Monthly Archives: April 2012

The Sky is Falling

Remember Henny Penny?  She was scratching around doing chicken things when an acorn fell on her head.  She assumed that the sky was falling and had to go tell the boss.  Don’t you know people like that?  In Henny Penny’s case, she was joined by Goosey Loosey, et. al. and went running off to see the king until Foxy Loxy tricked them into his cave and he and his family had a five-course  poultry dinner.

The Oxford Companion to Fairy Tales: The Western fairy tale tradition from medieval to modern (Edited by Jack Zipes) distinguishes between folk tales (like “Henny Penny”) and fairy tales which include villains, protagonists, heroes and magic.  An important point made by another grown-up author, Sheldon Cashdan (The Witch Must Die: How Fairy Tales Shape Our Lives), is that when stories were in the oral folklore tradition, they weren’t intended for children.

Folk tales still exist and are retold in picture books in the children’s section of the library, where I found and re-read Henny Penny (no author of record, just illustrator credits, Paul Galdone’s cover pictured here).  Fairy tales are more complex than folk tales and some have evolved to become children’s stories; Cashdan said, “…fairy tales are more than suspense-filled adventures that excite the imagination…rescues are serious dramas that reflect events taking place in the child’s inner world,” (p.10).

Richard Dawkins (The God Delusion) repeatedly equates people of faith to children believing in the Tooth Fairy.  This demonstrates a lack of understanding on his part of the role of fairy tales in our psyche and our society.  However, when it comes to tales of fantasy and horror, the book of Revelation comes to mind.  That is the last book in the Christian Bible.  Many, including me, think it would have been better left out.  (And yes, I have read it.)  Martin Luther initially wanted to throw the book out of the Bible but instead found a way to use the imagery against the Roman Catholic Church (Pagels p.2).

Elaine Pagels is a Princeton scholar known for The Gnostic Gospels and has just published Revelations: Visions, Prophecy, and Politics in the Book of Revelation.  She describes it as the most controversial book in the Bible.  Here are two links about her and her book from Religion & Ethics NewsWeekly and The New Yorker, respectively.

Karen Armstrong calls “Revelation”  “a toxic book,” (Chapter 3, Kindle location 680, The Bible: A Biography).  Christopher Hitchens (god is not Great: How Religion Poisons Everything, p.97) describes “Revelation” as “deranged fantasies.”  He sums up the contemporary fiction loosely based on “Revelation” ideology: “…the best-selling pulp-fiction Left Behind series, which ostensibly ‘authored’ by Tim LaHaye and Jerry B. Jenkins, was apparently generated by the old expedient of letting two orangutans loose on a word processor…”  I think he does orangutans an injustice.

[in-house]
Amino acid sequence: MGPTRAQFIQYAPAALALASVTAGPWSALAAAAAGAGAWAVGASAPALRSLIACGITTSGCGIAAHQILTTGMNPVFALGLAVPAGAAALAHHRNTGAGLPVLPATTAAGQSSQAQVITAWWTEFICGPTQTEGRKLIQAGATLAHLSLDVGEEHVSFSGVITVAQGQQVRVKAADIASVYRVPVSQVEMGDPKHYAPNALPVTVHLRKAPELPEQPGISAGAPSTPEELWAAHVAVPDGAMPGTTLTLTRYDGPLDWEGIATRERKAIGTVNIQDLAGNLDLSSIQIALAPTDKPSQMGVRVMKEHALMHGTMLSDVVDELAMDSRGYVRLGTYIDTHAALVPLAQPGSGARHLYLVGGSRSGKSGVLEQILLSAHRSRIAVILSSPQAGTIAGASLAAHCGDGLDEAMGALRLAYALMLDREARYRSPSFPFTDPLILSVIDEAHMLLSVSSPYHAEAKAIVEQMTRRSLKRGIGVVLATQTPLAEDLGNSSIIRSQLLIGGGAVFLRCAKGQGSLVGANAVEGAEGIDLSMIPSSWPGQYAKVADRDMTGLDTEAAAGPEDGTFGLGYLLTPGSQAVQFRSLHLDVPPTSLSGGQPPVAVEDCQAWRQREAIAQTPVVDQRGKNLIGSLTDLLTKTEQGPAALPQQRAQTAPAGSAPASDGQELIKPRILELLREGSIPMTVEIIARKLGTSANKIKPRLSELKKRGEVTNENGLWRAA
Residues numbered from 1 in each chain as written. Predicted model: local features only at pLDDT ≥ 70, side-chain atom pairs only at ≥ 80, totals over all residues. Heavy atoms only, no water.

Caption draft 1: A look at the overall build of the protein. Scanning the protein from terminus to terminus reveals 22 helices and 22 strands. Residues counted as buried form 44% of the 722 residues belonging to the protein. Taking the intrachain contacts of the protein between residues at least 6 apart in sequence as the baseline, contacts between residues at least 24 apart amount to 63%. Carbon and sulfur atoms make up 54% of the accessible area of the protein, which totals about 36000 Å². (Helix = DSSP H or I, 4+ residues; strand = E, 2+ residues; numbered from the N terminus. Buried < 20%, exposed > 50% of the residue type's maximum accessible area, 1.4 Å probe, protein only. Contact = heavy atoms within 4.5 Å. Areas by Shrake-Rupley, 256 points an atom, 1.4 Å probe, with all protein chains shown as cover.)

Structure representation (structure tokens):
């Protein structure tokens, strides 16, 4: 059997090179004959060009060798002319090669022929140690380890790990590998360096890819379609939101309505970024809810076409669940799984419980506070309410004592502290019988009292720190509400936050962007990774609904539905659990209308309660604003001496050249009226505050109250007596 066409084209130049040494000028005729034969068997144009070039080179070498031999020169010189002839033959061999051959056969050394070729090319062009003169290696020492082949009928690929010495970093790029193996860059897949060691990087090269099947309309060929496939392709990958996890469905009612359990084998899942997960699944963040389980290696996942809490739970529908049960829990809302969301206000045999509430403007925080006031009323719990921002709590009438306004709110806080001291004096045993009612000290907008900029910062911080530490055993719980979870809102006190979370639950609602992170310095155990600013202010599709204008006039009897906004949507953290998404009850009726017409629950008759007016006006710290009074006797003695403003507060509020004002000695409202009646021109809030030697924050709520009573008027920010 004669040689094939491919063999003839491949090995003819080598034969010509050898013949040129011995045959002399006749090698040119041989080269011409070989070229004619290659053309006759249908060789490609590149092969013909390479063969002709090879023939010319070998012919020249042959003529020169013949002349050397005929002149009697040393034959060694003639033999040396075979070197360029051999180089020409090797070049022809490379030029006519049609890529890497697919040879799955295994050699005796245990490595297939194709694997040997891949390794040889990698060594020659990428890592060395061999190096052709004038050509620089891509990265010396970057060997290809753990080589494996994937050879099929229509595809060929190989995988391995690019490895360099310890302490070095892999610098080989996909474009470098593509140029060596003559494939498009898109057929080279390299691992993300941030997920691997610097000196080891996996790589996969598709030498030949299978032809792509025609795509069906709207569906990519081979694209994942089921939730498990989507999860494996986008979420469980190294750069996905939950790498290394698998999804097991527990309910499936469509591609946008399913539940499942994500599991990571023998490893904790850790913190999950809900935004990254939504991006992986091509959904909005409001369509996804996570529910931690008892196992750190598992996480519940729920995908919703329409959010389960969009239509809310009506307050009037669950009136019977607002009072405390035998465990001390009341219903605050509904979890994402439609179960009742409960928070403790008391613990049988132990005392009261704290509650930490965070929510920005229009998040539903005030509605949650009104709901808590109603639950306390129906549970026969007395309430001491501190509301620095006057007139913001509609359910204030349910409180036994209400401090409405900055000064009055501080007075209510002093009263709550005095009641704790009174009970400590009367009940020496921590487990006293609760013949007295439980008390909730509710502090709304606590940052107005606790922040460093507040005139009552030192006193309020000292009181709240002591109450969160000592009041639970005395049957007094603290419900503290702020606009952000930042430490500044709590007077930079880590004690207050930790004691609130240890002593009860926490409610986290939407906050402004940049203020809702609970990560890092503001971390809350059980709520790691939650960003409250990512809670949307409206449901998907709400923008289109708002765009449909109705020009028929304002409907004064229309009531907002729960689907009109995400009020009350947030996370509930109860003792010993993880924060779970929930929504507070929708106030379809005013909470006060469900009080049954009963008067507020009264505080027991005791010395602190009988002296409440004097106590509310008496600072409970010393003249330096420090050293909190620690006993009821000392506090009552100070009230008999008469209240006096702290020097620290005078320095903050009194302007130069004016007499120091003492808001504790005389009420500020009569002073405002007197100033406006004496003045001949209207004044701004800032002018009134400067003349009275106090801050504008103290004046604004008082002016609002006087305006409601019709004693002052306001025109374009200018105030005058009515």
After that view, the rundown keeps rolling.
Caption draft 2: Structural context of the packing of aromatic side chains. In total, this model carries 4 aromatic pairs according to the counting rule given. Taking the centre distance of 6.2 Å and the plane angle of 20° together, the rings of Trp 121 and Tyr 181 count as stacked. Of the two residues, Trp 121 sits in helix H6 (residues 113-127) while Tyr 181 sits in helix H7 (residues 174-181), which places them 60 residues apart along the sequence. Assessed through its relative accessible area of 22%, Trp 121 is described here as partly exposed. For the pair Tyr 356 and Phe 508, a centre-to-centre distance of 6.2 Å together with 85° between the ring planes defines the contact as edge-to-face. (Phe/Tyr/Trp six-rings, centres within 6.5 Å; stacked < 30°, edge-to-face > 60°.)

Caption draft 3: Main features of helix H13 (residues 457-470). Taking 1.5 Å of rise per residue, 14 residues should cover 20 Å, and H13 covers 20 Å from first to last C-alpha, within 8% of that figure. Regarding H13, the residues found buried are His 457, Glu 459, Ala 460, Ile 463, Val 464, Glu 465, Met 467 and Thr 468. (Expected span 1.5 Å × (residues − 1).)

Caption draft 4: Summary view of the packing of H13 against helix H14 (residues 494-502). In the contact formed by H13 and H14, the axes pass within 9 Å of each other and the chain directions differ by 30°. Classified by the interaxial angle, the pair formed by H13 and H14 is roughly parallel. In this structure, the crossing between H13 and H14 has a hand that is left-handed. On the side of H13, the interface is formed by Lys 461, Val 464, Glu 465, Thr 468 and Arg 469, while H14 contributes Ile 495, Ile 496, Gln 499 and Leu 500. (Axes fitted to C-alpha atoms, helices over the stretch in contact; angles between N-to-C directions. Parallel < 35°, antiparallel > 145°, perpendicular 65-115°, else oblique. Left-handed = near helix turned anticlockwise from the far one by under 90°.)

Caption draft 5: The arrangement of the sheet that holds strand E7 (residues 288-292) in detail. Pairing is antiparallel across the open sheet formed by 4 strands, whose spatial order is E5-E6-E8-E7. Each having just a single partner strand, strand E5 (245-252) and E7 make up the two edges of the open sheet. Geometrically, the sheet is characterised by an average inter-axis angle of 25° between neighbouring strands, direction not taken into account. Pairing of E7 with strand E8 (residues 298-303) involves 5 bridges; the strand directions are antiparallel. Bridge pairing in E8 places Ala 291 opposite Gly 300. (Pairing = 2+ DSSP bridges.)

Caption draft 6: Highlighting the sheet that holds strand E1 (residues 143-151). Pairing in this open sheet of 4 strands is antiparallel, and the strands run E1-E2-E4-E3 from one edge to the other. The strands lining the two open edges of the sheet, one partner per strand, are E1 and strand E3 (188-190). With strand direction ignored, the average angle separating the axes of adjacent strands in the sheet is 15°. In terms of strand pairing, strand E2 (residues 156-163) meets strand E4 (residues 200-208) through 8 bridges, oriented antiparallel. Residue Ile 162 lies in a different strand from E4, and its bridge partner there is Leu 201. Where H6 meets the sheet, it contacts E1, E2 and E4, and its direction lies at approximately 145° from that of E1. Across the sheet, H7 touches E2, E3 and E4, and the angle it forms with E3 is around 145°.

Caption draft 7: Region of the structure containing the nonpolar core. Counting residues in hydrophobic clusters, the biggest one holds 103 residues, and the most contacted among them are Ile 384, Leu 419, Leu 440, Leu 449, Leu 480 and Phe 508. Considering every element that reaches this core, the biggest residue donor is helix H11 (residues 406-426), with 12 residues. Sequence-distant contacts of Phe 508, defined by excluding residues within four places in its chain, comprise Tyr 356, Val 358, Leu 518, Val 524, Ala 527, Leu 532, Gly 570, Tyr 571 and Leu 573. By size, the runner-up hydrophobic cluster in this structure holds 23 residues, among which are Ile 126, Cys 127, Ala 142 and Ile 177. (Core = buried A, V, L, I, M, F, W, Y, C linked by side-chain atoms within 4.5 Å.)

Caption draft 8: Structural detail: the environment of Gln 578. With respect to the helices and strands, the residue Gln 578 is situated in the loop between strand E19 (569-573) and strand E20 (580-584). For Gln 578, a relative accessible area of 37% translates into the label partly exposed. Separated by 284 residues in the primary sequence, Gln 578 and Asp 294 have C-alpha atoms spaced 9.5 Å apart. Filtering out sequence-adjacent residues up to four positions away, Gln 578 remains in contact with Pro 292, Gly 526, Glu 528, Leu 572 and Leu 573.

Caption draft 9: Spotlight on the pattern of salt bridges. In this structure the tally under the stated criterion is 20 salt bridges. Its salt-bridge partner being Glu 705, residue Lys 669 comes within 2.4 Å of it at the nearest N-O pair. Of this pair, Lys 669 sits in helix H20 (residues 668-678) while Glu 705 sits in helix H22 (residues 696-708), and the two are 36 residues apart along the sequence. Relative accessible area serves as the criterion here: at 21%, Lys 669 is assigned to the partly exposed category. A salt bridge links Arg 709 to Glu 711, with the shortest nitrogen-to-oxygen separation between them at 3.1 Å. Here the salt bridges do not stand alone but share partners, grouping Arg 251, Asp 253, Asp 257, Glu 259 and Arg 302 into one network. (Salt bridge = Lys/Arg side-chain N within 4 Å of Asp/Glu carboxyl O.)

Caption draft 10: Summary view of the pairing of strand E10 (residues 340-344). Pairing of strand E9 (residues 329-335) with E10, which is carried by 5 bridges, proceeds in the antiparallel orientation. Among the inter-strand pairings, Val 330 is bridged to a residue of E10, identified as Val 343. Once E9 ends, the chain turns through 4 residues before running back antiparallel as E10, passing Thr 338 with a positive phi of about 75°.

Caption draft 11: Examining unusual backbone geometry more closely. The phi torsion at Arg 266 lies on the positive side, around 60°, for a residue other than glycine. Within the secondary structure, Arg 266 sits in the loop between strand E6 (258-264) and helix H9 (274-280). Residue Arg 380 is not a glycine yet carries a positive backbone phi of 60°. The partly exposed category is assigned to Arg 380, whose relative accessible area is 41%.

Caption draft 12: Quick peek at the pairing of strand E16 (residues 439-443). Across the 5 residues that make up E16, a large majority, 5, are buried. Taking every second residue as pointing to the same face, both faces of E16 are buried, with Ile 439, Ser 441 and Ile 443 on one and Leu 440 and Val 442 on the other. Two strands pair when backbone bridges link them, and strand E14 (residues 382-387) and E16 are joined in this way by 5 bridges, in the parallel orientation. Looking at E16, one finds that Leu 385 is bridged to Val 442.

Thanks to Pagels for context.  Originally, “Revelation” was a metaphor for the Roman Empire conquering Judea, written by a Jewish expatriate.  “Revelation” was validated about 300 years later by a ‘wily and powerful bishop’ (Athanasius) who insisted on the inclusion of “Revelation” in the Bible because he could “take this imagery of the war of good against evil and turn it against his religious enemies,” (Pagels on Religion & Ethics NewsWeekly 2/24/2012).

The themes of “Revelation” appeal to the petty and the vengeful.  They are Henny Penny running to the king, and not only escaping Foxy Loxy, but fantasizing about Foxy and his hungry family thrown in a pit of fire.  “Revelation” is much worse than a fairy tale, it is a nightmare unrelated to the compassion of Jesus in earlier books of the Christian Bible.

Interpreting “Revelation” as prophecy is a misreading, but that doesn’t mean there is no room for prophecy for people of faith.  The trouble is discerning when the sky is actually falling and when someone is overreacting to an acorn on the head.  I have no way to prove this (right now), but I have an intuition that many of the people who subscribe to “Revelation” as predictions of the future are dismissive of prophecies about global climate change.  Climate change, as a result of human impact on the environment, is not punishment from God but the very natural consequences of human actions.

Every generation has had Doomsday Prophets, and yet, here we are.  To ignore all warnings seems irresponsible, to take them all to heart is not only foolish, it would make it difficult to function in everyday life.  I suggest considering whether the supposed prophet benefits from the prophecy.  That is, will donations increase or membership expand if the prophecy succeeds in provoking fear?  (See my column on “Family Radio” predicting the “Rapture” for May 2011, “Read Before Rapture,” posted 5/19/2011.)

Contrast the lucrative “Left Behind” book series with the Kogi tribe in South America.  The Kogi call themselves the “Elder Brothers” and we are the “Younger Brothers.”  They prefer to avoid us, however, they have felt compelled to allow contact only to warn of the consequences of our own actions.  Take 53 minutes out of your sound-bite dominant day to watch a grainy video on Google from an old BBC story.  Watch and learn about the sophistication of this pre-Columbian tribe that knows how to live in harmony with nature and each other, and knows a lot about prophecy.

The sky isn’t falling, we are destroying it ourselves with gas-guzzling SUVs.  Telling the king won’t help because the Royalty in the U.S. Congress are well-insured millionaires who benefit from maintaining an underclass.  None of these things are God’s will.  That rumble you hear is not the sky falling – it is our foundation crumbling.  It is not quick and dramatic, it is slow and malevolent.  And at the end of the day, fantasizing about the destruction of the godless, does not serve God any more than abusing our environment.  – J.B.